India: India’s economic growth set to bounce back as slump bottoms out: Govt adviser

  • Indian economic growth is poised to bounce back after slipping to a more than six-year low of 4.5% in 3Q19 as the government has taken measures to prop up investments and consumer demand, a top government adviser said. “Corporate tax reductions, the Insolvency and Bankruptcy Code and the banking sector reforms have helped and will help propel growth further,” said Sanjeev Sanyal, principal economic adviser at the finance ministry
  • The Insolvency and Bankruptcy Code, introduced in May 16, has helped banks to recover billions of dollars stuck in outstanding corporate loans and offer loans to new borrowers.
  • Sanyal said economic growth was set to accelerate to 6% in the financial year beginning in Apr 20, compared with estimated growth of 5.0% in the current one.
  • But many private economists are less optimistic, saying the current downturn may continue for the next few quarters due to a dip in private investments and tepid consumer demand.
  • Nomura said Asia’s third-largest economy will see a sub-par recovery, and forecast 4.7% GDP growth for FY20 and 5.7% for FY21.
  • Sanyal dismissed the conservative estimates and said his numbers took into account early signs of recovery in manufacturing and a pick-up in consumer demand.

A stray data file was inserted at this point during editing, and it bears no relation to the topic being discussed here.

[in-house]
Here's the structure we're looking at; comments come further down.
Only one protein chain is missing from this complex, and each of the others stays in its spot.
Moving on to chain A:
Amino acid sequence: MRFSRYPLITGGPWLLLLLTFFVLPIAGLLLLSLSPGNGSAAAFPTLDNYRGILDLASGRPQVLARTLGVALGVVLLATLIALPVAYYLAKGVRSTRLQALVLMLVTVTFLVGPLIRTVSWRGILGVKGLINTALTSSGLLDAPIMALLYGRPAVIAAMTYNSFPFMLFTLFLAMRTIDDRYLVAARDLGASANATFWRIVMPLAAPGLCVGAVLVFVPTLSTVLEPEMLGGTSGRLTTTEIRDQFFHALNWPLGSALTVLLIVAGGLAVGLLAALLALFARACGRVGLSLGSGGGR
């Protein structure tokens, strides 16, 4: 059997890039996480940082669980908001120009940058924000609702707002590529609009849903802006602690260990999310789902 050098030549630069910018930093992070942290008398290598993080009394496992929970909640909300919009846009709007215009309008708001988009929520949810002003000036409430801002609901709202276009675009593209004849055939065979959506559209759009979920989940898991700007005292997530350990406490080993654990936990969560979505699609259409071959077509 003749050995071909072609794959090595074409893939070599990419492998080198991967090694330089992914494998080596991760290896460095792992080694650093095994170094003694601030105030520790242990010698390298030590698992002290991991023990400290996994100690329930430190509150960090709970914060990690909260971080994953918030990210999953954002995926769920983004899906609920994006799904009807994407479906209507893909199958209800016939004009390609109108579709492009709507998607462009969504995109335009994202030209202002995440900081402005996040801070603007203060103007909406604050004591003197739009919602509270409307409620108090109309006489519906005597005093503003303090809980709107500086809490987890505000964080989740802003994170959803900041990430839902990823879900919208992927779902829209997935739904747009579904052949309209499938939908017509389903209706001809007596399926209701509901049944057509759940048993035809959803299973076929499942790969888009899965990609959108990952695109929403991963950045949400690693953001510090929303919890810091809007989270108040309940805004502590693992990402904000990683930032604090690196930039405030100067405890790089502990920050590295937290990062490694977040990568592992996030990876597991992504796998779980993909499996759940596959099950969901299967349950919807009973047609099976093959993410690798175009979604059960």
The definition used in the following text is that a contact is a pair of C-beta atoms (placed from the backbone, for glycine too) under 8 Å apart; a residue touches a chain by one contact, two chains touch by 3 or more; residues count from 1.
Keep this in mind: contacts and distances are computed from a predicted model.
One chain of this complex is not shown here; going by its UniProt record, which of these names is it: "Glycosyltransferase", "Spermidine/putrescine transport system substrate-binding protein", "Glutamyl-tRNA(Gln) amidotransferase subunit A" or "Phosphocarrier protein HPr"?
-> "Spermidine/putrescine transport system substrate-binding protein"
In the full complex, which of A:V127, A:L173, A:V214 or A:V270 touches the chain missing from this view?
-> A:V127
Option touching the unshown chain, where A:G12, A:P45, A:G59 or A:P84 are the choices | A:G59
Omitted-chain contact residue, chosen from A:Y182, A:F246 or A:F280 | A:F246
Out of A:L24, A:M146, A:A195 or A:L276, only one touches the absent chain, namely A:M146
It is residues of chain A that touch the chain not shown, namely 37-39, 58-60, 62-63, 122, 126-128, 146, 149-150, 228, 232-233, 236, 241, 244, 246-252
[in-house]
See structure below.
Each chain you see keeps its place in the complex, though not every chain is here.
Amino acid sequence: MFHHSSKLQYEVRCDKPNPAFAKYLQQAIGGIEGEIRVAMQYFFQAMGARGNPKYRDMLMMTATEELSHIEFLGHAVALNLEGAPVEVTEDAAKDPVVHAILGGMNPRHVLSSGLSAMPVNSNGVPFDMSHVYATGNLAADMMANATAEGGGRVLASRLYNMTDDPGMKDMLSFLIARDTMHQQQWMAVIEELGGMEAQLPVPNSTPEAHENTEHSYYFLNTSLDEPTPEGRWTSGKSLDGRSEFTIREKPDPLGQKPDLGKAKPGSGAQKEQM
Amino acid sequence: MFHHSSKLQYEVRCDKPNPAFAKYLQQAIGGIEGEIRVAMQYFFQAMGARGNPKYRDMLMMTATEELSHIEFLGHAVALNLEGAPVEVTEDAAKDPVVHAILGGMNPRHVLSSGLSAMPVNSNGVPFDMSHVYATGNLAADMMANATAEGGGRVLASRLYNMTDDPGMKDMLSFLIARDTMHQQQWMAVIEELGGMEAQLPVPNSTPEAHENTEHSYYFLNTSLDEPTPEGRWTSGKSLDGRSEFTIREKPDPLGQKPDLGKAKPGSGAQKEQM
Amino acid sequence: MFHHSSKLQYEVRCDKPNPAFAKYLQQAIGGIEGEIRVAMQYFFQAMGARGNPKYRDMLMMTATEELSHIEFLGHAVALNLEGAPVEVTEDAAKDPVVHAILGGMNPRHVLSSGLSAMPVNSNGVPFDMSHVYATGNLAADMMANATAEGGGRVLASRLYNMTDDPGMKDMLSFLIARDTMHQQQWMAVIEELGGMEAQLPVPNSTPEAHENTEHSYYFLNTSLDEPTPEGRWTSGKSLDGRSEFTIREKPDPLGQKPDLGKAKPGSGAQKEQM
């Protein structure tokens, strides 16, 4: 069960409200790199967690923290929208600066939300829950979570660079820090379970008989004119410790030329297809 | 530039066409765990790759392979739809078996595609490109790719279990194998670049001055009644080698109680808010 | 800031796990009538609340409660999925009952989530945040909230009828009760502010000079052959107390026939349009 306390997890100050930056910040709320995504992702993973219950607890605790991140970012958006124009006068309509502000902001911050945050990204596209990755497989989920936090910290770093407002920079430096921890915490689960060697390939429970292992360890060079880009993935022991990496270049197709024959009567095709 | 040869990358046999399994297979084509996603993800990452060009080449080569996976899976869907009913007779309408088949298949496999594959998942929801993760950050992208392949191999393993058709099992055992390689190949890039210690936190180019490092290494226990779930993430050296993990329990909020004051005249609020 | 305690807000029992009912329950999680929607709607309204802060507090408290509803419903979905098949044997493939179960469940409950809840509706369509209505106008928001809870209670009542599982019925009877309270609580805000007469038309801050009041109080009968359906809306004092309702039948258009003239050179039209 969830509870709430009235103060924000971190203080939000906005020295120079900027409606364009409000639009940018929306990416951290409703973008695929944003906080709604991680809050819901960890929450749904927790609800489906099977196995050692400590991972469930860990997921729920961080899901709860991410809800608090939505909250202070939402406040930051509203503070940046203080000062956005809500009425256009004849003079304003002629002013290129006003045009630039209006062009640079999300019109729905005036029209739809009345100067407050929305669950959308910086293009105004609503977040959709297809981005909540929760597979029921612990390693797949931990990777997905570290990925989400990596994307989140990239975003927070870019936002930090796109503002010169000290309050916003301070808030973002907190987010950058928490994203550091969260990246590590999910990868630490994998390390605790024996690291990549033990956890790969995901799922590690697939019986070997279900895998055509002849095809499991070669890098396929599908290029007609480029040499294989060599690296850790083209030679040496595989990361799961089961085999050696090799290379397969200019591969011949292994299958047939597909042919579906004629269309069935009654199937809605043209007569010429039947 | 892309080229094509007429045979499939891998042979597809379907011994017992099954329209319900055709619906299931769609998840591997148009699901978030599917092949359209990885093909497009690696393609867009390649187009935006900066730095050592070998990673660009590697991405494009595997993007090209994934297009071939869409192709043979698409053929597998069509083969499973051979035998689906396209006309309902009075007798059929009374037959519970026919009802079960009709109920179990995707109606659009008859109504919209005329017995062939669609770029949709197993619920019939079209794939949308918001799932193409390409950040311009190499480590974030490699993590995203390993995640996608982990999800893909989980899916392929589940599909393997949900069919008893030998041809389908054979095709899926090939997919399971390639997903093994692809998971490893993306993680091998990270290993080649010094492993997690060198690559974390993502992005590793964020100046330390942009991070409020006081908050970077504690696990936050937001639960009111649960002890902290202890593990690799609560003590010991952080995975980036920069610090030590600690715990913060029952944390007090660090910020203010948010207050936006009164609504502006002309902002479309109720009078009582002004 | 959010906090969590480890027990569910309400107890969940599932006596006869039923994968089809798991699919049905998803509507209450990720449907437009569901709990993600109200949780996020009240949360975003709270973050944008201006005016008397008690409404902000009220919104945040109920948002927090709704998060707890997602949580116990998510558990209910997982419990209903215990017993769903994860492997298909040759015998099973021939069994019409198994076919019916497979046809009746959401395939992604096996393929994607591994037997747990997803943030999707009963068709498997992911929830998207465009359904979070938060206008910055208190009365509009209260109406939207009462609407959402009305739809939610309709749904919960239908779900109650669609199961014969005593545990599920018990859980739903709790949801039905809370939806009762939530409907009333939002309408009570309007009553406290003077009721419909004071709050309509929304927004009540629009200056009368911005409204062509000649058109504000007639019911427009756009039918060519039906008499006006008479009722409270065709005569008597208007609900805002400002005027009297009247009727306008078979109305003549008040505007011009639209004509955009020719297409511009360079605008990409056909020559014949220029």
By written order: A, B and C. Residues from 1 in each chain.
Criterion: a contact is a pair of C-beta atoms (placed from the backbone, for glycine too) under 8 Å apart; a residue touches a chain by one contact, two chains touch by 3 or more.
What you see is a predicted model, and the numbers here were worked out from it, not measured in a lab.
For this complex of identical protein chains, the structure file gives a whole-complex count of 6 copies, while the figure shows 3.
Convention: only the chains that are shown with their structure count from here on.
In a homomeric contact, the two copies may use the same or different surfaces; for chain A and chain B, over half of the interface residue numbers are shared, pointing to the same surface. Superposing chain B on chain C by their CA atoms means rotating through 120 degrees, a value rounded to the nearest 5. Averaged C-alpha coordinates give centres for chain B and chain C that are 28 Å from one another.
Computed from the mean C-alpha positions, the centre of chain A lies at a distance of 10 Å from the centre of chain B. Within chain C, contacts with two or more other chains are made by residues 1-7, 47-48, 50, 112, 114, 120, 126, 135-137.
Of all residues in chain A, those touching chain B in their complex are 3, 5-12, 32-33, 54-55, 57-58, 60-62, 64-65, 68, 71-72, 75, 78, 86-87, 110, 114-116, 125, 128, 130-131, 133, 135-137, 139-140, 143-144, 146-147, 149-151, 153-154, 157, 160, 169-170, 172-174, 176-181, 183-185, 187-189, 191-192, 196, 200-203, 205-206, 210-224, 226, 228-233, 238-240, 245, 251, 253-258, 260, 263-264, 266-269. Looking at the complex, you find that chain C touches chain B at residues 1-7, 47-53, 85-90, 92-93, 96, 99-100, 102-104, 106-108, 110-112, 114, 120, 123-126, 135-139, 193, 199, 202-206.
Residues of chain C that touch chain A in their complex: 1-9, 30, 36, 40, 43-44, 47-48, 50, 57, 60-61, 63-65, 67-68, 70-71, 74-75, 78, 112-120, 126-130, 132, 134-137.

• He said the government expected that average consumer price inflation would fall to 4% in the next financial year beginning Apr 20, after a recent spike driven largely by food prices.
  • There is enough space for the central bank to further cut interest rates, however, as inflation was likely to ease following a fall in vegetable prices, he said.
  • Finance Minister Nirmala Sitharaman, who tabled her annual budget earlier in Feb 20, told parliament on 11 Feb 20 that the signs of “green shoots were visible” and the economy was no longer in trouble.
  • Sanyal said the budget has offered a clutch of tax incentives for sovereign wealth and insurance funds, which would leave more banking funds for private companies despite higher state borrowings.
  • Other than the coronavirus outbreak in China, there is no “major other disruption,” to India, he said adding it was difficult to quantify the impact as the situation was still evolving.

External Link :